I’m attuned to the call of kingfishers. Listen! There it is now. Yes, the call sounds somewhat like a rattle, yet the word falls woefully short of the more lilting melodic cadence. A kingfisher calls as if harmonizing with the flow of water over rocks, as if it could feel within its hollow bones, the ancient movement underwater of stone upon stone, pulled inexorably downstream toward the confluence.

(courtesy Neiger-CC-Belted-Kingfisher)
(courtesy Neiger-CC-Belted-Kingfisher)

As cottonwoods swoon with sunshine yellow leaves, the kingfishers are on the move. They’re flying up and down my Rattlesnake Creek.

They mostly fly solo, confident, tracing the passage of fishes. Now and then, you’ll see a couple together in fire chase, or maybe even three, a remnant of a family still checking in after fledging in late June or early July.

The cry of the kingfisher tends to precede the view of flashing blue and white bird streaking by.  If the white breast shows a belt of cinnamon red, that’s the female. She’s showier than the male, a rarity in the bird world, and a mystery waiting to be solved.

Female in flight (from www.carolinabirdclub.org)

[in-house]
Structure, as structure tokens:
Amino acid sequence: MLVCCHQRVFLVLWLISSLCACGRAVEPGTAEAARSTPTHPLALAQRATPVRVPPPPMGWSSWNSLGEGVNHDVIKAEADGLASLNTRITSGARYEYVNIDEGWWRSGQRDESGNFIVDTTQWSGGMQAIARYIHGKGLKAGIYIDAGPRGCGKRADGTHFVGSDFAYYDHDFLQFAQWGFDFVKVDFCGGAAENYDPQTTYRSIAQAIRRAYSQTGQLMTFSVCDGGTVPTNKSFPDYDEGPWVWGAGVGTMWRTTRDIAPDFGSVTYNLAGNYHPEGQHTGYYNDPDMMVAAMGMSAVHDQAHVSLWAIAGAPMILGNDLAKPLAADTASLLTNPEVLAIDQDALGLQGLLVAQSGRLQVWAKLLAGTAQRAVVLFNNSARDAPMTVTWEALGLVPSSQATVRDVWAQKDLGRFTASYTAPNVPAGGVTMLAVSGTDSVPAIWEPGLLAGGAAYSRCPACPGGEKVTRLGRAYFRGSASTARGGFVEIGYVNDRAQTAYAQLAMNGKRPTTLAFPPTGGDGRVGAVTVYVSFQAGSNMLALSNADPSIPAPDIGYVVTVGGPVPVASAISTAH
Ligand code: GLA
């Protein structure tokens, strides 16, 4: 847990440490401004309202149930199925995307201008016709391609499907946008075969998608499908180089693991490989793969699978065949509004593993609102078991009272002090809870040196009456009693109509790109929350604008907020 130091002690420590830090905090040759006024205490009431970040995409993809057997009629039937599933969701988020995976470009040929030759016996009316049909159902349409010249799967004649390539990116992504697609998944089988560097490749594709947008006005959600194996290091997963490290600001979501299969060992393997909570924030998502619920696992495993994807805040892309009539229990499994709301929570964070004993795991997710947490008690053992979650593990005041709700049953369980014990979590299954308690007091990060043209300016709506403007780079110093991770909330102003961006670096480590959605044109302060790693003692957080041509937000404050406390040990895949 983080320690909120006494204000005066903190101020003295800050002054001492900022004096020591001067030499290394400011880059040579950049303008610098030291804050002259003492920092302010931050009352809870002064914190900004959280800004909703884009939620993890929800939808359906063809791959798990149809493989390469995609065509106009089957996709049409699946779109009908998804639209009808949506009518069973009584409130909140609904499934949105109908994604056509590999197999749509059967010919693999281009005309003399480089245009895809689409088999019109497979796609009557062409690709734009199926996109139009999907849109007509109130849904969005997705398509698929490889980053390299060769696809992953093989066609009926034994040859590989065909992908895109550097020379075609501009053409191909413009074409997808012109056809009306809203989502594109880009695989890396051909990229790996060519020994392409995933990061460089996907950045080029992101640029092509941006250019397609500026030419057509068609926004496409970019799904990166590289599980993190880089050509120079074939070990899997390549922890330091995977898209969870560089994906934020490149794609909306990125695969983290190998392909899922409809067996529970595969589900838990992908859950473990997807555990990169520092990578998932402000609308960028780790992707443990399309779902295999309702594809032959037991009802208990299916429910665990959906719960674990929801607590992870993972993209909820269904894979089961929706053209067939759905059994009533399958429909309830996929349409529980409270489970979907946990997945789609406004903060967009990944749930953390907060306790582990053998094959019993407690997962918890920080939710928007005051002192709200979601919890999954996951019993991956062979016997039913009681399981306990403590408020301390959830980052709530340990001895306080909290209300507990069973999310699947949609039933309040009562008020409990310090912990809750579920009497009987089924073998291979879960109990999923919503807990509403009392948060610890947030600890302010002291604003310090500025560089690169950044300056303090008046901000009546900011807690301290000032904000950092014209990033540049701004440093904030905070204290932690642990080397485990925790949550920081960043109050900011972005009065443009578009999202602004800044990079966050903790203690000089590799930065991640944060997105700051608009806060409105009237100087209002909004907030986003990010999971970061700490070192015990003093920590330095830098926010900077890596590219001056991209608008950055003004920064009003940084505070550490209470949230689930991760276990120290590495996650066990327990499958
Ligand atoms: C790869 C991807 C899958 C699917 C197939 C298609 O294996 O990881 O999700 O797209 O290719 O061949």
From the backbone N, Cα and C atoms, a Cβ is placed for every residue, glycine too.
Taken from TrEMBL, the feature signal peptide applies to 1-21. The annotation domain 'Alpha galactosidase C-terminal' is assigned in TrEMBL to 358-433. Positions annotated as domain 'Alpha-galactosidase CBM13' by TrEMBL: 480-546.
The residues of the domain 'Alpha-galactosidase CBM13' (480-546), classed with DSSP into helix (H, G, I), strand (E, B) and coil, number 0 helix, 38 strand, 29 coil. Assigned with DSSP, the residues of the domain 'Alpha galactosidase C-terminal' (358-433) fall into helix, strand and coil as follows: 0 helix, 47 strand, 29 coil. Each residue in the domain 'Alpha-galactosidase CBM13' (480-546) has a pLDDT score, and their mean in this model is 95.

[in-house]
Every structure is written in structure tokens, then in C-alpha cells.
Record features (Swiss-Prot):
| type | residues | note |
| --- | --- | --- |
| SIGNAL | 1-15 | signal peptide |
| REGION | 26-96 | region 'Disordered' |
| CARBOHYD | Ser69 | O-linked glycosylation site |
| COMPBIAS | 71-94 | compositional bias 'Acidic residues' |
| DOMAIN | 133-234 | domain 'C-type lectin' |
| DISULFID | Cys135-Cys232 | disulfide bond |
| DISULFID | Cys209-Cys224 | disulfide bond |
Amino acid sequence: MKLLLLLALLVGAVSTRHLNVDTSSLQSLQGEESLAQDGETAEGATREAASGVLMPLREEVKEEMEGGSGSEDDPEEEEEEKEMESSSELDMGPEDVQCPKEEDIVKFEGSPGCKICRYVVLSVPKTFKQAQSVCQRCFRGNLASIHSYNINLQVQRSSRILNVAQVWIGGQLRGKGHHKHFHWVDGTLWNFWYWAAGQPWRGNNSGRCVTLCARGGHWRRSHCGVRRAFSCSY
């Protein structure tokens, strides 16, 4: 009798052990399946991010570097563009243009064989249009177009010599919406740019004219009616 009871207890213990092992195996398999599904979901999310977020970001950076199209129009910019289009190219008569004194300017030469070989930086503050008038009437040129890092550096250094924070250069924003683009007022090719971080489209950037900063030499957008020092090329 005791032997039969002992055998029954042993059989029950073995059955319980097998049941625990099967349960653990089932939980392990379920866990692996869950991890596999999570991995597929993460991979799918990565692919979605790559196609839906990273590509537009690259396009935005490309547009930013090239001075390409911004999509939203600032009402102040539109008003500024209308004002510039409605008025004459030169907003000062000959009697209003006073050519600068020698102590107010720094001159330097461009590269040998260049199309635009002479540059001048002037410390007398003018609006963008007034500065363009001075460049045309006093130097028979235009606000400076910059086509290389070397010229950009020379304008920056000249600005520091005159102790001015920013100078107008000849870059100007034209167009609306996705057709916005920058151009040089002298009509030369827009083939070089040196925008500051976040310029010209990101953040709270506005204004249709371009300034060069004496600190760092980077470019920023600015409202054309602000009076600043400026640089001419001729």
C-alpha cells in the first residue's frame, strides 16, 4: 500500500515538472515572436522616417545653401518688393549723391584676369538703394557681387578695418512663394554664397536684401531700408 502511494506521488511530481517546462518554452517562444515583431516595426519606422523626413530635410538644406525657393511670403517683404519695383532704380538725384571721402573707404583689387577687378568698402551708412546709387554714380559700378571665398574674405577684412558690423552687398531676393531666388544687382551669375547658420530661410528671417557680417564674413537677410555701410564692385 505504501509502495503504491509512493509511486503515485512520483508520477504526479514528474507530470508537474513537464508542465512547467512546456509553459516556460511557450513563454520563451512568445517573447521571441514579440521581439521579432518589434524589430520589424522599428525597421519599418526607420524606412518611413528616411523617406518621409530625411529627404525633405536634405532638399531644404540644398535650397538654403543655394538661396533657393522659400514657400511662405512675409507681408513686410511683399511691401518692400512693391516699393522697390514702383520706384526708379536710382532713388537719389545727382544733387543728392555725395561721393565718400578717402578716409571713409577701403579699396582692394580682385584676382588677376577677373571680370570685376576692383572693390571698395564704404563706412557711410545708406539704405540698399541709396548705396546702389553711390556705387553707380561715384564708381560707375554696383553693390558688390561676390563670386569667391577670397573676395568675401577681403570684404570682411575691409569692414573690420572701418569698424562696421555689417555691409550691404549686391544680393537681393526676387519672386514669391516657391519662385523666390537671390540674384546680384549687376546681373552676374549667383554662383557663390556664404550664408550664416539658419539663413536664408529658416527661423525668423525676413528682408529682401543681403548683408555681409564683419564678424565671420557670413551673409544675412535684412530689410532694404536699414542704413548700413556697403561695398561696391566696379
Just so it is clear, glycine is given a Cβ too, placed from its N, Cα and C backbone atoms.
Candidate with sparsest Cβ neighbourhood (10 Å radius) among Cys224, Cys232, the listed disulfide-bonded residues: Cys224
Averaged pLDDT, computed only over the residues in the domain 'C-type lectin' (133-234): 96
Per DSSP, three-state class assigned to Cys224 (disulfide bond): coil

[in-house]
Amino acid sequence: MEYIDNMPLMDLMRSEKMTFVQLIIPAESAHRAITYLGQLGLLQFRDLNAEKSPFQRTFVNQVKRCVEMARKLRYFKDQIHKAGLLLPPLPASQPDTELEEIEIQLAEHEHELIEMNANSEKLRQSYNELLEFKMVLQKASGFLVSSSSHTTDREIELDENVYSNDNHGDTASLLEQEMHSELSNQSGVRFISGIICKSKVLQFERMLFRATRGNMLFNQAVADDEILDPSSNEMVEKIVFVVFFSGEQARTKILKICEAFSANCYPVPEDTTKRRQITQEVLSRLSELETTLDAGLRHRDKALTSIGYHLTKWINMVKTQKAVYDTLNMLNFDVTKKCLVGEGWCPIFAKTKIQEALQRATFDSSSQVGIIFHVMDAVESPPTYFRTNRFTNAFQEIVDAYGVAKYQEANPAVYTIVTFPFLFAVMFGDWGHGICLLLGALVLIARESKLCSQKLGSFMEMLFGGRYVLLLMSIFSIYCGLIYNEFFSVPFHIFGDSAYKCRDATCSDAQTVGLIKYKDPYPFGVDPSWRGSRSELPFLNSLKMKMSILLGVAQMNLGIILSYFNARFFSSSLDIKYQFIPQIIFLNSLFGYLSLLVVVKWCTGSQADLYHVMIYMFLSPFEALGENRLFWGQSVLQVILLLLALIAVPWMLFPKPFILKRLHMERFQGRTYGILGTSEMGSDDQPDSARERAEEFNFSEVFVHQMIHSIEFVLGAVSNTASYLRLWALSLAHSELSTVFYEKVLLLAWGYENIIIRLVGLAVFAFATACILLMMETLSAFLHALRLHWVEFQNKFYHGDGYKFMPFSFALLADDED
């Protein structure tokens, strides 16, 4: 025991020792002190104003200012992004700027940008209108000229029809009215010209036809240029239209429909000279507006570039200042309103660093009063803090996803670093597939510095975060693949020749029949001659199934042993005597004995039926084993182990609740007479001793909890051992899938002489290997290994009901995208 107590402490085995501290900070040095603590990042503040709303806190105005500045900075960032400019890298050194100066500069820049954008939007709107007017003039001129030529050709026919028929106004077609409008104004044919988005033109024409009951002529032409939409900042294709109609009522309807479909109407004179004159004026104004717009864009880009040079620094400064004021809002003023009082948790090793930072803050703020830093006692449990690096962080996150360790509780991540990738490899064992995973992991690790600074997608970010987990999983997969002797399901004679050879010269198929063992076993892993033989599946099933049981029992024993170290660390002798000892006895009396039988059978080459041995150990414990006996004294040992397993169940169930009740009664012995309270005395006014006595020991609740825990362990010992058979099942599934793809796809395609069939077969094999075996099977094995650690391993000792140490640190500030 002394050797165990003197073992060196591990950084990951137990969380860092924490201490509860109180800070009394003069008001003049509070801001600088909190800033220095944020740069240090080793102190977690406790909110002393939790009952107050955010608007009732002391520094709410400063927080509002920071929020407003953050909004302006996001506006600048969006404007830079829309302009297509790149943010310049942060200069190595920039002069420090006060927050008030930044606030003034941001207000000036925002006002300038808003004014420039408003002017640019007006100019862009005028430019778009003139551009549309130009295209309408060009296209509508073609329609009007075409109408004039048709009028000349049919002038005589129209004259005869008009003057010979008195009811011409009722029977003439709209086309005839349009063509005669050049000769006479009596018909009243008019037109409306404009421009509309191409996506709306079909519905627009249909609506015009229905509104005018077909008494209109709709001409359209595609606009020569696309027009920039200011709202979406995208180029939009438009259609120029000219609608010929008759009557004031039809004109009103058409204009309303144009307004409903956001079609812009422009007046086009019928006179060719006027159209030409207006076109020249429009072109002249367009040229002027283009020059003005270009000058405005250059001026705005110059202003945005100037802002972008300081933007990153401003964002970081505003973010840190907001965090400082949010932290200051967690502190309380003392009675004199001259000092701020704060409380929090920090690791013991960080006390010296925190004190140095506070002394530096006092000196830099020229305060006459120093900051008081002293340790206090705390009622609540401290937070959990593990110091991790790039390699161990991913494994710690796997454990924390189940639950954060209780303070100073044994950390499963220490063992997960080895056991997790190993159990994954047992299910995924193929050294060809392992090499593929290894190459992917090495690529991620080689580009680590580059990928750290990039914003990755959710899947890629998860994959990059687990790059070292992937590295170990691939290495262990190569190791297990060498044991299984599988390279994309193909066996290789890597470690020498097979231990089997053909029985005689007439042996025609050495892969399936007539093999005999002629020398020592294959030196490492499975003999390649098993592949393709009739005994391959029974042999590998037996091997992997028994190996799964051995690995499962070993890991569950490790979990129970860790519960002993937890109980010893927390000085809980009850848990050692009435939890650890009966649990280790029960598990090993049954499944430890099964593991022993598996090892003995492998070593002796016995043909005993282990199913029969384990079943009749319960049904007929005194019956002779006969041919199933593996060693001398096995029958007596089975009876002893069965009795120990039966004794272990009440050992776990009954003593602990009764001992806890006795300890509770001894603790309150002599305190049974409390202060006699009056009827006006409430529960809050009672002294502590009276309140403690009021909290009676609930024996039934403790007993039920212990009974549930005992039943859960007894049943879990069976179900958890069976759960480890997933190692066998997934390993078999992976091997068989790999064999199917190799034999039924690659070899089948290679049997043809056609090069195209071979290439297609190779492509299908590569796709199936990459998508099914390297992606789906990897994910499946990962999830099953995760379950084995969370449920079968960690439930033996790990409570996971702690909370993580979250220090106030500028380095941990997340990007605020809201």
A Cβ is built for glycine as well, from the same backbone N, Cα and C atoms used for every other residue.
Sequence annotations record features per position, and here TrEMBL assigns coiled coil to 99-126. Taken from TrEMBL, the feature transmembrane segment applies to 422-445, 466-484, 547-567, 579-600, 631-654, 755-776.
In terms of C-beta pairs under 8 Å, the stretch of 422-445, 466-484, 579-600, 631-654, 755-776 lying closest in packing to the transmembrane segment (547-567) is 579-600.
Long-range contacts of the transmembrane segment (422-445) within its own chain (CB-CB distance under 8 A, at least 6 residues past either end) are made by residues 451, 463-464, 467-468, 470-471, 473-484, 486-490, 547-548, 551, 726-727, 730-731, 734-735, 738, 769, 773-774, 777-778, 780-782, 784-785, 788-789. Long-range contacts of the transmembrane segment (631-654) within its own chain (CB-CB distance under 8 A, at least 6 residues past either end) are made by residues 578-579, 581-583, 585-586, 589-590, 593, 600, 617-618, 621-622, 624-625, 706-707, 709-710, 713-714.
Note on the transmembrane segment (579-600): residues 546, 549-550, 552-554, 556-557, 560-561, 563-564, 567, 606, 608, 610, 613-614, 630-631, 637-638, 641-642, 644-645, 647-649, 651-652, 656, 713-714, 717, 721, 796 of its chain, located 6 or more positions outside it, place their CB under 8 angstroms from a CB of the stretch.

Female in flight (from http://www.carolinabirdclub.org)

A kingfisher chittered sweetly as the day closed on Rock Creek where I’m camped among red-gold ponderosas and golden fall cottonwoods with friends, one who caught us a fine brown trout for dinner. The female kingfisher who flew upstream from us must be giving a nod of approval with her shaggy crest and angler bill.

Cottonwoods on Rock Creek (Marina Richie photo)
Cottonwoods on Rock Creek
(Marina Richie photo)

My blog is the Kingfisher Journey. I pay homage to my favorite bird in a multiple of ways, but I have a confession. The kingfisher is still waiting for me to finish the book.

I’ve written hundreds of pages off and on since the idea struck me in summer of 2008. My writing group of two other women have patiently offered reviews, advice, and enthusiastic support. The book has evolved, yet in many ways stayed steady too – a twining of natural history, personal experience and mythology.

Halcyon (by Herbert James Draper)
(by Herbert James Draper)

I’ll say no more, except that I have carved out two wonderful weeks next month in Point Reyes, California, to immerse myself into the book and the bird. If this was my year to  run a marathon, it’s time to bring this book to the finish line as well.

In all journeys – destination or not – I heed the call of the kingfisher that is Halcyon, the bird of a transformative Greek myth and the origin of the term Halcyon Days, a time of peace in the world when all our longed for dreams come to fruition.

belted kingfisher art by Claire Emery
belted kingfisher art by Claire Emery